Availability Group Direct Seeding: TDE’s Frenemy

From the Mailbag

In another post I did on Direct Seeding, reader Bryan Aubuchon asked if it plays nicely with TDE. I’ll be honest with you, TDE is one of the last things I test interoperability with. It’s annoying that it breaks Instant File Initialization, and mucks up backup compression. But I totally get the need for it, so I do eventually get to it.

The TL;DR here

Is that if you encrypt a database that’s already taking part in a Direct Seeding relationship, everything is fine. If you already have an encrypted database that you want to add to your Availability Group, Direct Seeding has a tough time with it.

I don’t think this is an outright attempt to push people to AlwaysEncrypted, because it has a lot of limitations.

Let’s walk through this

Because I love reader sanity checks, here we go. Microsoft tells you how to add a database encrypted with TDE to an existing Availability Group here.



That all sounds good! So let’s follow directions. We need a database! We also need a password, and a certificate. Alright, we can do this. We’re competent adults.

Alright, cool. We did that. Now we have to get all up in our database and scramble its bits.

SQLCMD Appreciation Header

Few things in life will make you appreciate SQLCMD mode like working with Availability Groups. You can keep your PowerShell. $.hove-it; I’m with SQLCMD.

Stick with me through the next part. You may have to do this someday.

What did we do?

Exactly what we did. We backed up our certificate to a network share, created a private key for it, and then on two replicas we created master passwords, and created certificates using the backup of our certificate from the primary. We did this in one SSMS window. Magical. Then we added our encrypted database to the Availability Group.

If this database weren’t encrypted, everything would probably go just fine. I say probably because, you know, computers are just the worst.

But because it is encrypted, we get some errors. On our Primary Replica, we get normal startup messages, and then messages about things failing with a transient error. Not sure what a transient error is. It forgot to tie its shoelaces before running to jump on that freight car.

Log du jour

Log du jour

On our Replicas, we get a different set of messages. Backup failures. Database doesn’t exist. More transient errors. This time you left an open can of pork beans by the barrel fire.

I failed college algebra, again.

I failed college algebra, again.

Over in our Extended Events session that tracks automatic seeding, we get an error code! searching for it doesn’t really turn up much. New features. Good luck with them.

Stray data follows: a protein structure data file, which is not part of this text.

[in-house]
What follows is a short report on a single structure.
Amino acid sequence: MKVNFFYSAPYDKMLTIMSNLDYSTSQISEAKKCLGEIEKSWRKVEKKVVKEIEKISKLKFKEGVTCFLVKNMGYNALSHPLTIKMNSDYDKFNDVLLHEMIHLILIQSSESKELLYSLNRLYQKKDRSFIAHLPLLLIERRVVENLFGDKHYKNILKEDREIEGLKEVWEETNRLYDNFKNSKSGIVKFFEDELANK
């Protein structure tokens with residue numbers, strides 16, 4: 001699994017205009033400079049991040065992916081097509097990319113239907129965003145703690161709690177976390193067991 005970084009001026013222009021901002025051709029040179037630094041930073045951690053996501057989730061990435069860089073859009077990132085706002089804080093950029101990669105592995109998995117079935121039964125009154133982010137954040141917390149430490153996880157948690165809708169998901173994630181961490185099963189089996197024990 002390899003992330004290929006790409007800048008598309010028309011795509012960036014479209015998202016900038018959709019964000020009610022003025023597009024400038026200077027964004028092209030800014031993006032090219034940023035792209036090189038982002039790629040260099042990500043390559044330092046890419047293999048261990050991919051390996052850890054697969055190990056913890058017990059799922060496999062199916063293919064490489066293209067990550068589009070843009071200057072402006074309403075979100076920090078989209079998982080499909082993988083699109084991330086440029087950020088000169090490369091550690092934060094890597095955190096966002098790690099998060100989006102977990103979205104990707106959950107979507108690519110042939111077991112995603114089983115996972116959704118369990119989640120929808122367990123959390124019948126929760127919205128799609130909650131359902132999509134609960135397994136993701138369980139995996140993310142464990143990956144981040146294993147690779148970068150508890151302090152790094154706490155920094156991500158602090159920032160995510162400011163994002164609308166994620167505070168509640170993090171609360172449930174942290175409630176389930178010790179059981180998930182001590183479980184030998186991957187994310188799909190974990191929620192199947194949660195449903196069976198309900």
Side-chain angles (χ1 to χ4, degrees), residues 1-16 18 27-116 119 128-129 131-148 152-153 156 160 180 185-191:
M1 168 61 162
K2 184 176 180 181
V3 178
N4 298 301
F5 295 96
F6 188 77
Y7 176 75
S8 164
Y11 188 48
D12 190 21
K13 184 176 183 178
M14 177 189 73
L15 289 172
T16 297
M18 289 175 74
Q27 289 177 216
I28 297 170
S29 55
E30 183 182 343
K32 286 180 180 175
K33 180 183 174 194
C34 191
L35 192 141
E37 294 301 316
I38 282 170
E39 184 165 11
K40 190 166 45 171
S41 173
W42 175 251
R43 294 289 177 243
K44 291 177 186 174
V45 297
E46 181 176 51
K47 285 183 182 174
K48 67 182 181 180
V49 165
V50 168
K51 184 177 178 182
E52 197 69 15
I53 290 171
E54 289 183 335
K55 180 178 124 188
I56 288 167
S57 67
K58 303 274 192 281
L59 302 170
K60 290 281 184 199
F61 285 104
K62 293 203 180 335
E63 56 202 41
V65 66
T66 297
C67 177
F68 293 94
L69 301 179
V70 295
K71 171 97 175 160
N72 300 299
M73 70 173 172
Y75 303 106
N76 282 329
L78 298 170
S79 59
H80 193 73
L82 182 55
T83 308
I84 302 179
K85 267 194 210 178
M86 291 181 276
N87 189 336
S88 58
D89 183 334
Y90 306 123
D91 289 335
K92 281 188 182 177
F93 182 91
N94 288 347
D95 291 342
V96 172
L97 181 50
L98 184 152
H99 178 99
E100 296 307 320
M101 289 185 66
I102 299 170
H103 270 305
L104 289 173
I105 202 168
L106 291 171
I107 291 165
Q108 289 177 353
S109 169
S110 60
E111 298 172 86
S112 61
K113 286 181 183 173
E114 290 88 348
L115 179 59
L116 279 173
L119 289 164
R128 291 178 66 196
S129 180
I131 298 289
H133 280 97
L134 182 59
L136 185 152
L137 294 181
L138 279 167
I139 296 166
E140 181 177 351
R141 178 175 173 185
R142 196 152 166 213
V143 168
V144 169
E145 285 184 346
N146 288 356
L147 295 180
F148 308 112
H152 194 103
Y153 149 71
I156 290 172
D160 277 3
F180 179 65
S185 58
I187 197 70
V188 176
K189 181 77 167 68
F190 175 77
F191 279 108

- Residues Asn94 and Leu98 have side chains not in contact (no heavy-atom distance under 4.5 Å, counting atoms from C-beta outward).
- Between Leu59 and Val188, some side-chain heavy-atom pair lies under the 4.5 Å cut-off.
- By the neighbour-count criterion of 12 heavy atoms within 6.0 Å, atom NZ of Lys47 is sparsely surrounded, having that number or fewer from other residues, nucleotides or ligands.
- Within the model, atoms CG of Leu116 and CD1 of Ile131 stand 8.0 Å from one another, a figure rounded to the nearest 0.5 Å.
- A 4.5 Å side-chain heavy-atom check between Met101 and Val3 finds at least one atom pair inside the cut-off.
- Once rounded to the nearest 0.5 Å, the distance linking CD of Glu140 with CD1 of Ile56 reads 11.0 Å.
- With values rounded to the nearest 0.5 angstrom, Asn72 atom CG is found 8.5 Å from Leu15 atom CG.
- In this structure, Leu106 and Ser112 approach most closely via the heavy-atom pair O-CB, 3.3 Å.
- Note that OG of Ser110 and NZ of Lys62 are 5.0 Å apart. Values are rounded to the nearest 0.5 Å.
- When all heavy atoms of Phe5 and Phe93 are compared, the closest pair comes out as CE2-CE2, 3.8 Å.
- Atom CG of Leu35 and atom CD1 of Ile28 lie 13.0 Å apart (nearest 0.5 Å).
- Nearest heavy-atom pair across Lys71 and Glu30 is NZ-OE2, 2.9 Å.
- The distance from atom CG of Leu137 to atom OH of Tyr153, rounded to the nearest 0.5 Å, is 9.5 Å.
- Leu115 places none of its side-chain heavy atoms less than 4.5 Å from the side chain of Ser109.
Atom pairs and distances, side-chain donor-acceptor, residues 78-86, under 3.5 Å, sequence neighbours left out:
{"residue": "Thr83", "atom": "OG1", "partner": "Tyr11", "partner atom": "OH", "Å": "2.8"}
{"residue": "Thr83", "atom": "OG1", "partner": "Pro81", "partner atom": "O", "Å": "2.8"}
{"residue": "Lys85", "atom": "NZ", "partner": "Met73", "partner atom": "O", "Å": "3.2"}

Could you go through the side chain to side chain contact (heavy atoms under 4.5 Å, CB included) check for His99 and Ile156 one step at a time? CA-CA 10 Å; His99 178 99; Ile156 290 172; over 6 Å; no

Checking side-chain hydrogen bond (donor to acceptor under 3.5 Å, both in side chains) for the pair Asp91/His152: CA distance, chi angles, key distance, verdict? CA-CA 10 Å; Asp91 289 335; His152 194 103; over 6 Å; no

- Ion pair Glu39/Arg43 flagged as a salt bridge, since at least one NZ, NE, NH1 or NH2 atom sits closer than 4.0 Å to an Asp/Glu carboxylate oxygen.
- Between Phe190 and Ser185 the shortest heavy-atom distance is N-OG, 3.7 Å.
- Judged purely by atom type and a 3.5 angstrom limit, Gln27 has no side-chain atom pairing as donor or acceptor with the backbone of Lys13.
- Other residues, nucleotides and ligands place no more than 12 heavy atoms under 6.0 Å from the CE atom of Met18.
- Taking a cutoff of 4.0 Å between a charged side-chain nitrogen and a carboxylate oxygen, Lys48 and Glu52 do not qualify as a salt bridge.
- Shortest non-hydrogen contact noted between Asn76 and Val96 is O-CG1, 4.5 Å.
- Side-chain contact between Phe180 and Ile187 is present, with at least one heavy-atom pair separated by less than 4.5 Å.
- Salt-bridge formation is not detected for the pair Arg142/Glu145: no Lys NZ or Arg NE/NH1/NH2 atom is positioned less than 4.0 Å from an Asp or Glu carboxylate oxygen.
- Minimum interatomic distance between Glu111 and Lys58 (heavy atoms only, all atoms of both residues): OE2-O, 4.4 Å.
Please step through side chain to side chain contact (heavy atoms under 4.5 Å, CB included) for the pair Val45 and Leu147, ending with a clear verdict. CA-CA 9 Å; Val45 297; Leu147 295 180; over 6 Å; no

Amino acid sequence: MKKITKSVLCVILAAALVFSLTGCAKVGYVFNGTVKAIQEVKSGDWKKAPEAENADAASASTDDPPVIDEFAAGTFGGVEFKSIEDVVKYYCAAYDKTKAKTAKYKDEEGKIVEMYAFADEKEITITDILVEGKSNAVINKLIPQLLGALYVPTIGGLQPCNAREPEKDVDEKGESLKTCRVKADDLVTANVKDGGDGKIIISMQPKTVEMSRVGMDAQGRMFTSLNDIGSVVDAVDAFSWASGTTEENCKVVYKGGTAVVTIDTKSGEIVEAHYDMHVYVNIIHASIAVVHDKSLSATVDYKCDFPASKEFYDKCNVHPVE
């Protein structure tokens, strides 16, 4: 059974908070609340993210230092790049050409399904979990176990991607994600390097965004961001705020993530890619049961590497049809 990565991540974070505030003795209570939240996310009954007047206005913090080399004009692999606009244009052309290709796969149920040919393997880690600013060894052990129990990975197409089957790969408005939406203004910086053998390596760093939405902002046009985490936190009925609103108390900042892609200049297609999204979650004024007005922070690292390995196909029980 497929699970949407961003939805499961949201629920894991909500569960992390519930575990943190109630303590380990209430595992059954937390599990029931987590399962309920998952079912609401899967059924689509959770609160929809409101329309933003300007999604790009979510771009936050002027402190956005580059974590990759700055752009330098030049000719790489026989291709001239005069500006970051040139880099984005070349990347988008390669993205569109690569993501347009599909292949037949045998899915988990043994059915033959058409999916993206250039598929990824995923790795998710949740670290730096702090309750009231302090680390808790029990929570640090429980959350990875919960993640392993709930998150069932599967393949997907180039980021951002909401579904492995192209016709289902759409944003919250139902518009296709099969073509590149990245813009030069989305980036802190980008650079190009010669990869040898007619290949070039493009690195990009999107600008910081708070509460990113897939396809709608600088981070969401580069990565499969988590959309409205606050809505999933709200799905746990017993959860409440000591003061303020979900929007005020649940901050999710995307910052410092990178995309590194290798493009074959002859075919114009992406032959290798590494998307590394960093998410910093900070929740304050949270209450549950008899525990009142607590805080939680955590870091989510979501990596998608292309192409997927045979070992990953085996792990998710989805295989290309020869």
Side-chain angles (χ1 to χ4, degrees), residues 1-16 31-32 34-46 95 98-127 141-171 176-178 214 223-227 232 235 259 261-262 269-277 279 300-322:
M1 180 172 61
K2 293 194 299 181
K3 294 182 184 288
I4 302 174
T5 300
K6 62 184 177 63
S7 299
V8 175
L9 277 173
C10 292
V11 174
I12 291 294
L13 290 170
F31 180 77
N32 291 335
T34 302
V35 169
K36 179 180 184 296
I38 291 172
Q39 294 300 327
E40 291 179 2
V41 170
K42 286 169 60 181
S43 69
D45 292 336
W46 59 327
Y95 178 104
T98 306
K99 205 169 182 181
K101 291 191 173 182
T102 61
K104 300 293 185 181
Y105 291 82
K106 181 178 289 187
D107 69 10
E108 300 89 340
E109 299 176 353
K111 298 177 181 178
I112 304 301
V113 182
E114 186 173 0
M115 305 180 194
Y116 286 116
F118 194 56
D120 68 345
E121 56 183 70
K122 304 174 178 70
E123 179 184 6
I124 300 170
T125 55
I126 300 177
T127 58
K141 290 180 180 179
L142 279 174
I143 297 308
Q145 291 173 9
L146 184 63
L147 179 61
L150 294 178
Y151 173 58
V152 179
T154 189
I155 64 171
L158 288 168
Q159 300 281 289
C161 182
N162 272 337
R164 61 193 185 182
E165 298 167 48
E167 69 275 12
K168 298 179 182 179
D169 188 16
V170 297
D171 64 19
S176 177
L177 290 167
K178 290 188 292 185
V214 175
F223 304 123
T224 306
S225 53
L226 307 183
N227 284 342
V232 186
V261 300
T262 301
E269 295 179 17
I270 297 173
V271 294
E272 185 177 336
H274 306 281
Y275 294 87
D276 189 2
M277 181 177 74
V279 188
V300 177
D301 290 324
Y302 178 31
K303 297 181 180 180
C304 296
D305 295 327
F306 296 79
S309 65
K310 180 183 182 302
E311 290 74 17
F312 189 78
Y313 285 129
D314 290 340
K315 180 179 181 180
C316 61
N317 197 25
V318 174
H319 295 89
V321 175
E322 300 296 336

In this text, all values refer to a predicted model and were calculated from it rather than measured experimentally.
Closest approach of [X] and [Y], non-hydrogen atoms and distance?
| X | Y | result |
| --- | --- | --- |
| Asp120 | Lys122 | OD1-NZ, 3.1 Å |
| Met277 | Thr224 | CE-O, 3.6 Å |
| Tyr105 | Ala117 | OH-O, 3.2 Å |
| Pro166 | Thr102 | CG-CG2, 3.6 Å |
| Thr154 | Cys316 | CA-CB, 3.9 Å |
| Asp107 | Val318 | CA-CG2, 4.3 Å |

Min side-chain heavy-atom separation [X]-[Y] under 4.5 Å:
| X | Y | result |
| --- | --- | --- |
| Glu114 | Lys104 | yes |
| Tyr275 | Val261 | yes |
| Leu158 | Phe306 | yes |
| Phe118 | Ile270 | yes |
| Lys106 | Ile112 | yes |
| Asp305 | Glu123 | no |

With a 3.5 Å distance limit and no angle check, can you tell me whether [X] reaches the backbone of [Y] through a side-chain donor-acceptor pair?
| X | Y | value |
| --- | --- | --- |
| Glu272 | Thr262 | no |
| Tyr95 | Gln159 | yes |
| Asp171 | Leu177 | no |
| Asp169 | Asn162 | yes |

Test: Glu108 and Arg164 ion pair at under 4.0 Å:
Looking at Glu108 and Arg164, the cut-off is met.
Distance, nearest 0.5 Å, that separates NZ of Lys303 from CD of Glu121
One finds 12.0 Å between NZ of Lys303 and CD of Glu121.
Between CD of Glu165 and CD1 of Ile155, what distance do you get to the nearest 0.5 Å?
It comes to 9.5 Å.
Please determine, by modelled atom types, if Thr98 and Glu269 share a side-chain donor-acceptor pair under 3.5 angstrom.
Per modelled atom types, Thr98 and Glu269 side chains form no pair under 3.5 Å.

Ungoogleable errors.

Ungoogleable errors.

One bright, shiny star of error message-y goodness shows up in our Physical Seeding Extended Event session. Look at all those potentially helpful failure codes! An individual could get a lot of useful information from those.

Attempting Helpful.

Attempting Helpful.

If only you weren’t being laughed at by the Gods of HA/DR. Some of the physical_seeding Extended Events have values here, but none of the automatic seeding ones do.

Feature Complete.

Feature Complete.

As of now

I don’t have a work around for this. The alternatives are to decrypt, and then re-encrypt your database after you add it, or add it the old fashioned way. Maybe something will change in the future, but as of now, these don’t appear to be compatible.

I’ve opened a Connect Item about this. I’d appreciate votes of the upward variety, if you feel so inclined.

Thanks for reading!

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8 Comments. Leave new

  • My take-away for your recent 3 posts is: Direct Seeding looks like a massive PITA and a simple backup/restore is such a noddy, easy thing for a DBA, why would we bother with all this extra hassle? It strikes me that you and your pointed-headed henchmen at Ozar towers are doing the testing Microsoft clearly couldn’t be arsed to do.

    What gives, Darling?

    • Erik Darling
      July 1, 2016 8:48 am

      Sort of. It depends on the size and timing of the backup, I guess? I think it’s cool that there’s some automation here. This feature is clearly just an embryo, and I’m excited (cautiously optimistic) to see where it goes. Just like AGs in 2012, there’s a long way to go.

  • Another great post. Thank you for the invaluable, and highly entertaining, information. This has helped in some of my planning conversations with upper management.

  • You have done the certificate, but what about restoring the master key to the secondary?

    • Sorry for the late response. According to MS, that isn’t necessary.

      From here:

      “You do not need to have the exact same database master key on each SQL instance. In other words, you do not need to back up the DMK from the primary and restore it onto the secondary. As long as each secondary has a DMK then that instance is prepared for the server certificate(s).”

  • Reply

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